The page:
On Russian Glaciers, Algae Imitate Goldilocks

Setting up research camp on glacier in Suntar-Khayata Mountains (source: Melnikov Permafrost Institute)
Setting up research camp on glacier in Suntar-Khayata Mountains (source: Melnikov Permafrost Institute)

Glaciers might seem like places that are hostile to life, but it turns out that microorganisms like algae and photosynthesizing bacteria (known as cyanobacteria) can flourish on them. A team of researchers recently investigated these life forms on four glaciers in the Suntar-Khayata Mountains in eastern Siberia, a range that’s home to nearly 200 glaciers. After three research expeditions during melt seasons, two of which relied on a helicopter for transport, they discovered that the snow algae followed a Goldilocks approach: they were most abundant in the middle of the glaciers.

According to the study, published online in March in the journal Polar Science, the researchers took samples from the glaciers with a stainless steel scoop, then later analyzed them at a laboratory at Chiba University in Japan, the home institution of four of the scientists. They found that there were two main taxa of the green algae on the glaciers: a species with a round shape called Chloromonas sp, and a filament-like species called Ancylonema nordenskioldii. The found that the first species prospered more in the snowy areas of the glaciers, and the second, on ice.

Microscopic photographs of impurities (A) and pigmented ice algae, Ancylonema nordenskioldii (B) (source: Polar Biology)
Microscopic photographs of impurities (A) and pigmented ice algae, Ancylonema nordenskioldii (B) (source: Frontiers in Earth Science)

What’s more, they found that algae had more biomass— in other words, were more abundant— in the middle of the glaciers. The top part? Too snowy. The bottom part? Too much water runoff.

“The decrease in biomass in the upper part of the glaciers can be explained by an increase in the snow-cover frequency with altitude reducing the light intensity of the algal habitats,” the researchers posit. “On the other hand, the decrease in biomass in the lower area has been explained by the amount of running meltwater on the glacier surface.” In other words, the upper portions remain snow-covered the longest, so the algae there have the shortest period of sunlight required for growth. The lower portions receive the largest amount of meltwater, so the algae there are more likely to be washed off the glacier surface.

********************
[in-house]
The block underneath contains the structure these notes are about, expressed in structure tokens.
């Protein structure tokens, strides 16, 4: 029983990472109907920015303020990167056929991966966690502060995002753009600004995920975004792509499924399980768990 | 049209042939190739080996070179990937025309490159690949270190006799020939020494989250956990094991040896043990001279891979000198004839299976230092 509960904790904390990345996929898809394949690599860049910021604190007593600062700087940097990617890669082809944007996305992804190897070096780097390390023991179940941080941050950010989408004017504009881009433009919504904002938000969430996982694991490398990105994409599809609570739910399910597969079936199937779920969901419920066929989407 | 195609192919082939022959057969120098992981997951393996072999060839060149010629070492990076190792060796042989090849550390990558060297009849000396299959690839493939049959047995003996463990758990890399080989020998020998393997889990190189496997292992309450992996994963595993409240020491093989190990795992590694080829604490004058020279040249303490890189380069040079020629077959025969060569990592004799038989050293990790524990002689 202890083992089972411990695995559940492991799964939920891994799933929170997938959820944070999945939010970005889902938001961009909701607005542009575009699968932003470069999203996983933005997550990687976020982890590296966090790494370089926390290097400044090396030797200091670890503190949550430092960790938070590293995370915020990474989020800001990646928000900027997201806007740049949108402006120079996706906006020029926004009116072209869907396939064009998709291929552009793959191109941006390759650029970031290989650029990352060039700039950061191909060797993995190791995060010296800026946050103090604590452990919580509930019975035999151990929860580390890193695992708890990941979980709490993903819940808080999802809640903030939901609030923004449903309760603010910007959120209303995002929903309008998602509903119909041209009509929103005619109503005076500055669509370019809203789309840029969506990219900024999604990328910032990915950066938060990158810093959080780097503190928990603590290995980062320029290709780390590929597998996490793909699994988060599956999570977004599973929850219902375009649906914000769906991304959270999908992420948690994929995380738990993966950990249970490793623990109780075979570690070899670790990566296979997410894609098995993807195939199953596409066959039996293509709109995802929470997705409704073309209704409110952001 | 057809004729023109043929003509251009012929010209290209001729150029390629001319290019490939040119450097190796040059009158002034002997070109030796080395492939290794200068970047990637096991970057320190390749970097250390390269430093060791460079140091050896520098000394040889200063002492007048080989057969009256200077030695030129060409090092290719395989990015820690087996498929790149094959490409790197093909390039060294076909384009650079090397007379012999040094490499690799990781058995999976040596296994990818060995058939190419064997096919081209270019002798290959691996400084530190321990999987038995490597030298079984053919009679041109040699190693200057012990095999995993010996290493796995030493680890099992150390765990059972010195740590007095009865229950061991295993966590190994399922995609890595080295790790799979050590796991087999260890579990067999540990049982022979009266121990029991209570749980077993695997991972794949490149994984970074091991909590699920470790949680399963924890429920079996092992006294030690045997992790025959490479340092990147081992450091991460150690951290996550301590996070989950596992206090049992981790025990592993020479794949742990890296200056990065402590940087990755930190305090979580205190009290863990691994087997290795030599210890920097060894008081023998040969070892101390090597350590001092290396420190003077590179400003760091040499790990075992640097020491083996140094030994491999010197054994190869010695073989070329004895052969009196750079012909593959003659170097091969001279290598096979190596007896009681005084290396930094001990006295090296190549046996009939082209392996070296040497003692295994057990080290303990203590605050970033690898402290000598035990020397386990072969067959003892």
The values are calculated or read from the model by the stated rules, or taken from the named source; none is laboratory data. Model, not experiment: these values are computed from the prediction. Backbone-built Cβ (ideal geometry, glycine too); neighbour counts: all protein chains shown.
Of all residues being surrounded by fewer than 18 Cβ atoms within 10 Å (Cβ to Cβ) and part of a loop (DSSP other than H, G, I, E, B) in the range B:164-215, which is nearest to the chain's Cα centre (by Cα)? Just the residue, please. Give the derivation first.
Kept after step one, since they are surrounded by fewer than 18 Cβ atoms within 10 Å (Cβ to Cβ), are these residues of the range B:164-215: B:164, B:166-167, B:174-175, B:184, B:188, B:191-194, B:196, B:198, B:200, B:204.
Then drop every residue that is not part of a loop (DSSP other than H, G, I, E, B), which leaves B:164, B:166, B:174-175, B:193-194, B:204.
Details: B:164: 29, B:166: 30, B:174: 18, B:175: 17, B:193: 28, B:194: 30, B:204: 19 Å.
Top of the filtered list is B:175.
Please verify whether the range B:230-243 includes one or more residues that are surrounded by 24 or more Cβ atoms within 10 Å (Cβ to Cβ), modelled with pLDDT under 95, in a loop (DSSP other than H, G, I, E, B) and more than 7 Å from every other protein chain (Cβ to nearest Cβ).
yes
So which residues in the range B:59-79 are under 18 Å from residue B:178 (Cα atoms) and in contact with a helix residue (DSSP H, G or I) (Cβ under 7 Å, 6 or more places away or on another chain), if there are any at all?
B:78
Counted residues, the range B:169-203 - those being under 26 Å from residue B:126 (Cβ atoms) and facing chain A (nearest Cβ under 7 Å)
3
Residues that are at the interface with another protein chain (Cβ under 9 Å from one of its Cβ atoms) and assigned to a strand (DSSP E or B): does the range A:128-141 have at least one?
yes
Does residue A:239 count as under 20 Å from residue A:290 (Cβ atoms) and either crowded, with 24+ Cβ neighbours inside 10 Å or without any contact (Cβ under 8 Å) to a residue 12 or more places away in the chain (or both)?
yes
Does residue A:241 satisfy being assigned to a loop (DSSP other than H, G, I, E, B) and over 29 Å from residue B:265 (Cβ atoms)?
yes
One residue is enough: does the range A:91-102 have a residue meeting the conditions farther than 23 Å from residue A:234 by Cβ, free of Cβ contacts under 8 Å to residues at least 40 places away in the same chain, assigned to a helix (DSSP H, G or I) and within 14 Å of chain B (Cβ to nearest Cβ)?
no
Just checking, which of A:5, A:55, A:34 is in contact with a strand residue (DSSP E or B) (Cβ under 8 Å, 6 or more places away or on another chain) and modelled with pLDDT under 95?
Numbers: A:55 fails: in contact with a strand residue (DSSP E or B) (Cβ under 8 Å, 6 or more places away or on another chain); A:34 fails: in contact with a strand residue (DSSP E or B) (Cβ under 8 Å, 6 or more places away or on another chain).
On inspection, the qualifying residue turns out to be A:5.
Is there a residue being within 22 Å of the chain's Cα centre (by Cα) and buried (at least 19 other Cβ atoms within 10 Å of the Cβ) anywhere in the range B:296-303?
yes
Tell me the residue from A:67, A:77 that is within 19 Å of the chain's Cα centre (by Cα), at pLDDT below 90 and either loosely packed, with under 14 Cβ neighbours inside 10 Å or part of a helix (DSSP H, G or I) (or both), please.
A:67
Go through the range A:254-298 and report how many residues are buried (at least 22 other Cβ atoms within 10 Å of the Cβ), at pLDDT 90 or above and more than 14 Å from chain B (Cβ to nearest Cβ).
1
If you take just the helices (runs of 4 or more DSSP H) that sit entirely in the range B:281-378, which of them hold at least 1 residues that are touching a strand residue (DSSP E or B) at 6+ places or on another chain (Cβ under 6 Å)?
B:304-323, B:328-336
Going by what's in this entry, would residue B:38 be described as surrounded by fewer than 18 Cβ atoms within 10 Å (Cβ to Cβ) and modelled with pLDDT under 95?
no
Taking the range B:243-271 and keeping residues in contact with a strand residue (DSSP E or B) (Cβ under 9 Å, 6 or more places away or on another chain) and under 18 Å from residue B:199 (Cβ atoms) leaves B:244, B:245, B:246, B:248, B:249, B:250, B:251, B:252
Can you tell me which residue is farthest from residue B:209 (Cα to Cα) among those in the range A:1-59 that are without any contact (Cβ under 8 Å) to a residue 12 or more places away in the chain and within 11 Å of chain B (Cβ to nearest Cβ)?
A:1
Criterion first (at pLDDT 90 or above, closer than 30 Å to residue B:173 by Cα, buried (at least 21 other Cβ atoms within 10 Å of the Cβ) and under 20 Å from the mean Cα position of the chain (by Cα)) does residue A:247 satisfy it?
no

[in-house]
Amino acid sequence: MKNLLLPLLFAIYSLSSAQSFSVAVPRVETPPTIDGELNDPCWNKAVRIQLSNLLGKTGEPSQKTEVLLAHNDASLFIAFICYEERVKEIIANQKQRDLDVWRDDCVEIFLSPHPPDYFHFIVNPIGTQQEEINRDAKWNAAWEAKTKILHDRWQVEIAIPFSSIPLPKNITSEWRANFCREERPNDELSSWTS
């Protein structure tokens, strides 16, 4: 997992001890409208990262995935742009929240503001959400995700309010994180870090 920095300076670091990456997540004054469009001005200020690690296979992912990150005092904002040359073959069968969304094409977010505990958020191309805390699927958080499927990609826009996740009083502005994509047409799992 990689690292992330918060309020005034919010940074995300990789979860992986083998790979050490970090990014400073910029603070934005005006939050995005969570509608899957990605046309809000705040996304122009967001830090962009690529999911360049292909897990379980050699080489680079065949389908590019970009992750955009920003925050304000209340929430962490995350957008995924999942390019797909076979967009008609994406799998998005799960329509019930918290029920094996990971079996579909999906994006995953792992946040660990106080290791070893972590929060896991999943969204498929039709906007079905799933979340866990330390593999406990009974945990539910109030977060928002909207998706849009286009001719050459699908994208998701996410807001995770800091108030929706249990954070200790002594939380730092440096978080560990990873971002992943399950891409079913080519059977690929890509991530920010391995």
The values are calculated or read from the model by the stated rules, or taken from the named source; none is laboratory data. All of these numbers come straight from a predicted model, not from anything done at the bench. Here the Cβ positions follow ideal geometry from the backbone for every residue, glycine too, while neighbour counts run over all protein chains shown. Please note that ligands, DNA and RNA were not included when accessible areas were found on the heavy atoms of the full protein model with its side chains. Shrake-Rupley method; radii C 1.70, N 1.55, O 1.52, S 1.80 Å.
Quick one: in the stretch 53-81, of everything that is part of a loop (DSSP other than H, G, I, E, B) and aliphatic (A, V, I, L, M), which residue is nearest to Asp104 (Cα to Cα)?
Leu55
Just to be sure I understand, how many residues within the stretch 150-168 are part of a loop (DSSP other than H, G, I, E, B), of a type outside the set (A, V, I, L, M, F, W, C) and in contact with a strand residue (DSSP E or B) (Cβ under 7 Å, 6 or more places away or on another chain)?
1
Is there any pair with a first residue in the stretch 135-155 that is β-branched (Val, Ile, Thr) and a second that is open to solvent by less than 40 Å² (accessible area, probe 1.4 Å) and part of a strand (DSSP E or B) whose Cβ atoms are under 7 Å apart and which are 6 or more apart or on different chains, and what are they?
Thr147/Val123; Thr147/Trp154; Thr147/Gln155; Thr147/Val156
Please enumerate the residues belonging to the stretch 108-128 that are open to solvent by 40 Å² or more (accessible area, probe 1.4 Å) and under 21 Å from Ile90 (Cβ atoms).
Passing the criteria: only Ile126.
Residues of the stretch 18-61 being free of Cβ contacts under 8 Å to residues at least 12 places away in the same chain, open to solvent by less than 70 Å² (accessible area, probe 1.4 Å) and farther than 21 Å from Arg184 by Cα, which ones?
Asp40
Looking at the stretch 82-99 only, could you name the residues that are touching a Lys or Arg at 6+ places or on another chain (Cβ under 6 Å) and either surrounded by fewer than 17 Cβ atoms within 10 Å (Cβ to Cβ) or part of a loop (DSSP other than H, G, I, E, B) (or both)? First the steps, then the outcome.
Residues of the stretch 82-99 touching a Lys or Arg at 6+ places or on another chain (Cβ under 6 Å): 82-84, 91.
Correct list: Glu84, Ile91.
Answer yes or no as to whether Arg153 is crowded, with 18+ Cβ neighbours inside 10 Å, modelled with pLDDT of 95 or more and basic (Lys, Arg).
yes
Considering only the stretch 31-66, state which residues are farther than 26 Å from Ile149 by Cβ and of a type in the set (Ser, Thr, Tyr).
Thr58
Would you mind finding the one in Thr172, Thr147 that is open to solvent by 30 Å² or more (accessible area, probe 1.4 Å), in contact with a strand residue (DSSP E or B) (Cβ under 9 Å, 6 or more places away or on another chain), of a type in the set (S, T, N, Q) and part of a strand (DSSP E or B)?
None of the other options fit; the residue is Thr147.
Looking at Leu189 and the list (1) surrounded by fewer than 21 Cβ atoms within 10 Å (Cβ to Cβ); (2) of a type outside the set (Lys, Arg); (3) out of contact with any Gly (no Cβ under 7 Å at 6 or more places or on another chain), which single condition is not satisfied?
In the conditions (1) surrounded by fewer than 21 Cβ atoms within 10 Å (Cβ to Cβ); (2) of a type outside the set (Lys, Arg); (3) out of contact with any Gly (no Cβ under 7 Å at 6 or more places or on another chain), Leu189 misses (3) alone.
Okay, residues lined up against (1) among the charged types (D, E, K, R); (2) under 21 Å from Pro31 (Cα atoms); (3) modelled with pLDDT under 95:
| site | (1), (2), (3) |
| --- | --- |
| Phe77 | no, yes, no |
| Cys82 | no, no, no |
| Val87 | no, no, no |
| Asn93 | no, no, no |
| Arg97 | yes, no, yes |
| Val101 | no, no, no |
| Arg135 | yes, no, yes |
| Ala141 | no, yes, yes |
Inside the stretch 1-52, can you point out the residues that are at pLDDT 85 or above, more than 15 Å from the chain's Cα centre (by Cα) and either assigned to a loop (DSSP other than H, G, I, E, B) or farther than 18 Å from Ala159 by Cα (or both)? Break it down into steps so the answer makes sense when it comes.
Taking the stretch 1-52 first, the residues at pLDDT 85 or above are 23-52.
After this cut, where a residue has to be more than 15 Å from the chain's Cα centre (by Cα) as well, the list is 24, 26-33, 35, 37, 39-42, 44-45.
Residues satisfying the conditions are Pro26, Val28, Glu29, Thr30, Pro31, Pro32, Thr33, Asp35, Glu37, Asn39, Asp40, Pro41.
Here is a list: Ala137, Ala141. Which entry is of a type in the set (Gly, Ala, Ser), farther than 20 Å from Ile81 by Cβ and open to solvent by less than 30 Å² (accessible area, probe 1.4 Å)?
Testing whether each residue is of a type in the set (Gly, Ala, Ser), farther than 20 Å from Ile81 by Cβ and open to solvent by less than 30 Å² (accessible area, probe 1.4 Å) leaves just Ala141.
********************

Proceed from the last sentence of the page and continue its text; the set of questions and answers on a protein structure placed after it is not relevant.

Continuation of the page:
The authors report that these findings are similar to those from research that’s been carried out on the Arctic. And while they found the same types of green algae and cyanobacteria each year they did research, they did find that the total amount of biomass of the algae changed over the years. For example, on one glacier, 2012 saw the largest amount of algal biomass, which the authors attribute to the weather— it was hotter that year, so the melt season was longer.

The authors conclude by acknowledging that the connection between the algae’s abundance and the temperature should be researched more, and nod towards the future impacts of climate change. “Further studies are necessary to evaluate the impact of expected climate warming in the Arctic region in the coming century on the microbial community on the glaciers,” they write. And the study may also serve more generally as a reminder of the complexity of ecosystems, even in habitats as harsh as glaciers. Though the lowest portions of glaciers are typically the warmest, they are not necessarily the ones that are most hospitable to life. Instead, each glacier is a complex ecosystem, with distinctive spatial patterns that merit close attention.

Glacier 31 in Suntar Khayata Mountains (source: Melnikov Permafrost Institute)
Glacier 31 in Suntar Khayata Mountains (source: Melnikov Permafrost Institute)

For New Zealand Visitors, Helicopters Offer Only Way Onto Two Glaciers

The Franz Joseph Glacier. (Photo: G Morel via Flickr)

The only way for visitors to walk on two iconic glaciers in New Zealand, the Fox and Franz Joseph Glaciers, is by taking a helicopter ride— a situation that probably won’t change in the foreseeable future, a spokesperson for New Zealand’s Department of Conservation has told GlacierHub.

The Associated Press reported in March, under the headline “Hiking on New Zealand glaciers banned because of rapid melting,” that it had become impossible for visitors to hike up onto these glaciers because of the dangers posed by their quick recession. It also noted that the number of people who could walk on the glaciers had been cut in half now that helicopters have become the only way to venture onto them, compared to before when people could hike up onto them.

Helicopter carrying tourists landing on Franz Josef Glacier in New Zealand (source: Ingolfson/Wikimedia)
Helicopter carrying tourists landing on Franz Josef Glacier in New Zealand (source: Ingolfson/Wikimedia)

Jose Watson, a communications adviser for the Department of Conservation in New Zealand, explained the situation in an email to GlacierHub: